Advertisement

Enriched Ulva pertusa as partial replacement of the combined fish and soybean meals in juvenile abalone Haliotis asinina (Linnaeus) diet

  • Rena Santizo-TaanEmail author
  • Myrna Bautista-Teruel
  • Jean Rose H. Maquirang
Article

Abstract

The potential of enriched Ulva pertusa meal as feed ingredient in abalone juveniles, Haliotis asinina was evaluated. Four isonitrogenous and isolipidic diets were formulated which contain 27% protein and 5% lipid. Enriched U. pertusa meal replaced 0% (control), 10%, 20%, and 30% of protein from fish and soybean meals in the formulated diets. Thirty randomly selected abalone juveniles with average weight and shell length of 0.45 g ± 0.01 and 12.71 mm ± 0.01, respectively, were placed in each of the twelve 60-L oval fiberglass tanks equipped with a flow-through seawater system. Abalone were given diets at 3–5% body weight daily for 120 days in three replicate samples. Results showed no significant differences (p > 0.05) in percent weight gain, shell length, specific growth rate, feed conversion ratio, and protein efficiency ratio even up to 30% replacement level. Apparent dry matter digestibility of U. pertusa meal in abalone diet was 92%. Crude protein content of the abalone fed diets 1 (10% enriched U. pertusa meal) and 3 (30% enriched U. pertusa meal) was significantly (p < 0.05) higher than those fed on basal diet. Enriched U. pertusa meal can partially replace fish and soybean meals as protein source in formulated diets for abalone, Haliotis asinina juveniles.

Keywords

Abalone Green algae Haliotis asinina Nitrogen enrichment Ulva pertusa 

Notes

Acknowledgments

The author would like to acknowledge the chemists of the Laboratory Facilities for Advanced Aquaculture Technology (LFAAT) for doing the proximate analysis, Mr. Richard Tantiado for his assistance, and Juan Miguel Taan for data analysis.

Funding information

The author would like to acknowledge the Aquaculture Department, Southeast Asian Fisheries Development Center (study code: FD-01-M2015T) for providing funds for this study.

References

  1. Ansary MWR, Jeong HS, Lee KW, Kim PY, Kim J, Yun A-Y, Cho SH, Kim T-I (2019) Dietary substitution effect of Ulva australis for Undaria pinnatifida on growth, body composition and air exposure of juvenile abalone, Haliotis discus (Reeve 1846). J Appl Phycol 31:1467–1474CrossRefGoogle Scholar
  2. AOAC (2000) Official methods of analysis, 17th edn. Association of Official Analytical Chemists, ArlingtonGoogle Scholar
  3. Arndt RE, Hardy RW, Sugiura SH, Dong FM (1999) Effects of heat treatment and substitution level on palatability and nutritional value of soy defatted flour in feeds for Coho Salmon, Oncorhynchus kisutch. Aquaculture 180:129–145CrossRefGoogle Scholar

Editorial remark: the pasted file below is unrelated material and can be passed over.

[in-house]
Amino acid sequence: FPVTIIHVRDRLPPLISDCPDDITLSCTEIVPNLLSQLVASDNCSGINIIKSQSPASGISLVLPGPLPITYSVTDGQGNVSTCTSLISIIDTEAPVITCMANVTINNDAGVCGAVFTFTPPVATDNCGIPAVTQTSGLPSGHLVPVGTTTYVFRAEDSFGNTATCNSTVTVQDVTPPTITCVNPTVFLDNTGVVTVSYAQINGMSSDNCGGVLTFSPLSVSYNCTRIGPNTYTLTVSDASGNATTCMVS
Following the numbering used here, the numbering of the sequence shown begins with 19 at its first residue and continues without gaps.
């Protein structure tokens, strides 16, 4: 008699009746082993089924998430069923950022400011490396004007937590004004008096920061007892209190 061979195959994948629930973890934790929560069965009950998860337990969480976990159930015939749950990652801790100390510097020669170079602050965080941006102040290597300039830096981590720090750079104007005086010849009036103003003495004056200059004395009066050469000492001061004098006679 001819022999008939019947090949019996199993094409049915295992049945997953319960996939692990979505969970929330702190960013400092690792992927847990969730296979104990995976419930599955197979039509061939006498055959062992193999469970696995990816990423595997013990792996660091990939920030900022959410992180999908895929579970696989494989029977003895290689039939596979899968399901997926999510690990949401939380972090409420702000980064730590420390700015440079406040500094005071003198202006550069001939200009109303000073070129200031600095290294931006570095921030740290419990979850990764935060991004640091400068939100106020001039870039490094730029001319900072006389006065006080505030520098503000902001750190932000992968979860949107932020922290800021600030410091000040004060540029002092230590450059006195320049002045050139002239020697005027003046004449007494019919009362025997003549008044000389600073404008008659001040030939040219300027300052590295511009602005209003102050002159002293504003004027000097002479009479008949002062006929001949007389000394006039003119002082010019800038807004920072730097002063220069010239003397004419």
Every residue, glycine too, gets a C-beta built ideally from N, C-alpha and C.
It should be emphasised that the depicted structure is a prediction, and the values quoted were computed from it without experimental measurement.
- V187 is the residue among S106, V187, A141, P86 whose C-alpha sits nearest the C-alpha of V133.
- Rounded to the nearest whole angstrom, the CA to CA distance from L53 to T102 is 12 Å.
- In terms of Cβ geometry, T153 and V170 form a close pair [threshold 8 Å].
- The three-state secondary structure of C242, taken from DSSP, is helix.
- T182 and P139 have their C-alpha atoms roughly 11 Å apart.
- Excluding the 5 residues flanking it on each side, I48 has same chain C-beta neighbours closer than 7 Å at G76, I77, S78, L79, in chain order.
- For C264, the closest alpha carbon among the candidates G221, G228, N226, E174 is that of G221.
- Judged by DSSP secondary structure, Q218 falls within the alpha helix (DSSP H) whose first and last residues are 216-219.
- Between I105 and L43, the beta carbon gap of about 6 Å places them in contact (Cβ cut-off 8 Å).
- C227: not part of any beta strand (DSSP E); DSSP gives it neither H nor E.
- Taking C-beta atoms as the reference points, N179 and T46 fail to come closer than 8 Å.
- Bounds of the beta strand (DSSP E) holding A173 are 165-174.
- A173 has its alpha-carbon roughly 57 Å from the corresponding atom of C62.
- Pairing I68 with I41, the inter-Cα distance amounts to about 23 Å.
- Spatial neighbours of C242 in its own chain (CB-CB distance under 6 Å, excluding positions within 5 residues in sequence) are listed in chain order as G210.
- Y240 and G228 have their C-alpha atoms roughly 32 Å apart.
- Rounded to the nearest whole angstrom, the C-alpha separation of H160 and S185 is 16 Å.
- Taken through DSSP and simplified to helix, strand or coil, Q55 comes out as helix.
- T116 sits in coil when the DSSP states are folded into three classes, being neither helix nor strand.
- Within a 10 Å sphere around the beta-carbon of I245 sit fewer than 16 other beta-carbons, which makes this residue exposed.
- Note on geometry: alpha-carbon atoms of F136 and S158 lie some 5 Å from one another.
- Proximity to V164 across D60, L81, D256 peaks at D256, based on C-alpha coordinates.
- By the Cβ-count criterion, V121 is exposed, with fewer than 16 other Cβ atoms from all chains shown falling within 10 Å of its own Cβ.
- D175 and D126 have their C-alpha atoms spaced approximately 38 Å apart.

4. Azaza MS, Mensi F, Ksouri J, Dhraief MN, Brini B, Abdelmouleh A, Kraiem MM (2008) Growth of Nile tilapia (Oreochromis niloticus L.) fed with diets containing graded levels of green algae Ulva meal (Ulva rigida) reared in geothermal waters of southern Tunisia. J Appl Ichthyol 24:202–207CrossRefGoogle Scholar
  5. Bansemer MS, Qin JQ, Harris JO, Howarth GS, Stone DAJ (2014) Nutritional requirements and use of macroalgae as ingredients in abalone feed. Rev Aquacult 5:1–15Google Scholar
  6. Bansemer MS, Qin JG, Harris JO, Duong DN, Hoang TH, Howarth GS, Stone DAJ (2016) Growth and feed utilisation of greenlip abalone (Haliotis laevigata) fed nutrient enriched macroalgae. Aquaculture 452:62–68CrossRefGoogle Scholar
  7. Bautista-Teruel MN, Millamena OM (1999) Diet development and evaluation for juvenile abalone, Haliotis asinina: protein/energy levels. Aquaculture 178:117–126CrossRefGoogle Scholar
  8. Bautista-Teruel MN, Maquirang JRH, Dela Pena MR, Balinas VT (2016) Test of refined formulated feed for the grow-out culture of tropical abalone Haliotis asinina (Linnaeus 1758) in concrete land-based tanks. J Shellfish Res 35:633–639CrossRefGoogle Scholar
  9. Bolton JJ, Robertson-Andersson DV, Shuuluka D, Kandjengo L (2009) Growing Ulva (Chlorophyta) in integrated systems as a commercial crop for abalone feed in South Africa: a SWOT analysis. J Appl Phycol 21:575–583CrossRefGoogle Scholar
  10. Brett JR, Grooves TD (1979) Physiological energetics. In: Hoar WS, Randall DJ, Brett JR (eds) Fish Physiology, vol 8. Academic Press, London, pp 280–344Google Scholar
  11. Cho CY, Slinger SJ, Bayley HS (1982) Bioenergetics of salmonid fishes: energy intake, expenditure and productivity. Comp Biochem Physiol 73B:25–41Google Scholar
  12. Cook PA (2014) The Worldwide Abalone Industry. Modern Economy 5:1181–1186CrossRefGoogle Scholar
  13. Cook PA, Gordon GH (2010) World abalone supply, markets, and pricing. J Shellfish Res 29:569–571CrossRefGoogle Scholar
  14. Dang VT, Li Y, Speck P, Benkendorff K (2011) Effects of micro and macroalgal diet supplementations on growth and immunity of greenlip abalone, Haliotis laevigata. Aquaculture 448:306–314Google Scholar
  15. Davies SJ, Brown MT, Camilleri M (1997) Preliminary assessment of the seaweed Porphyra purpurea in artificial diets for thick-lipped grey mullet ( Chelon labrows). Aquaculture 152:249–258CrossRefGoogle Scholar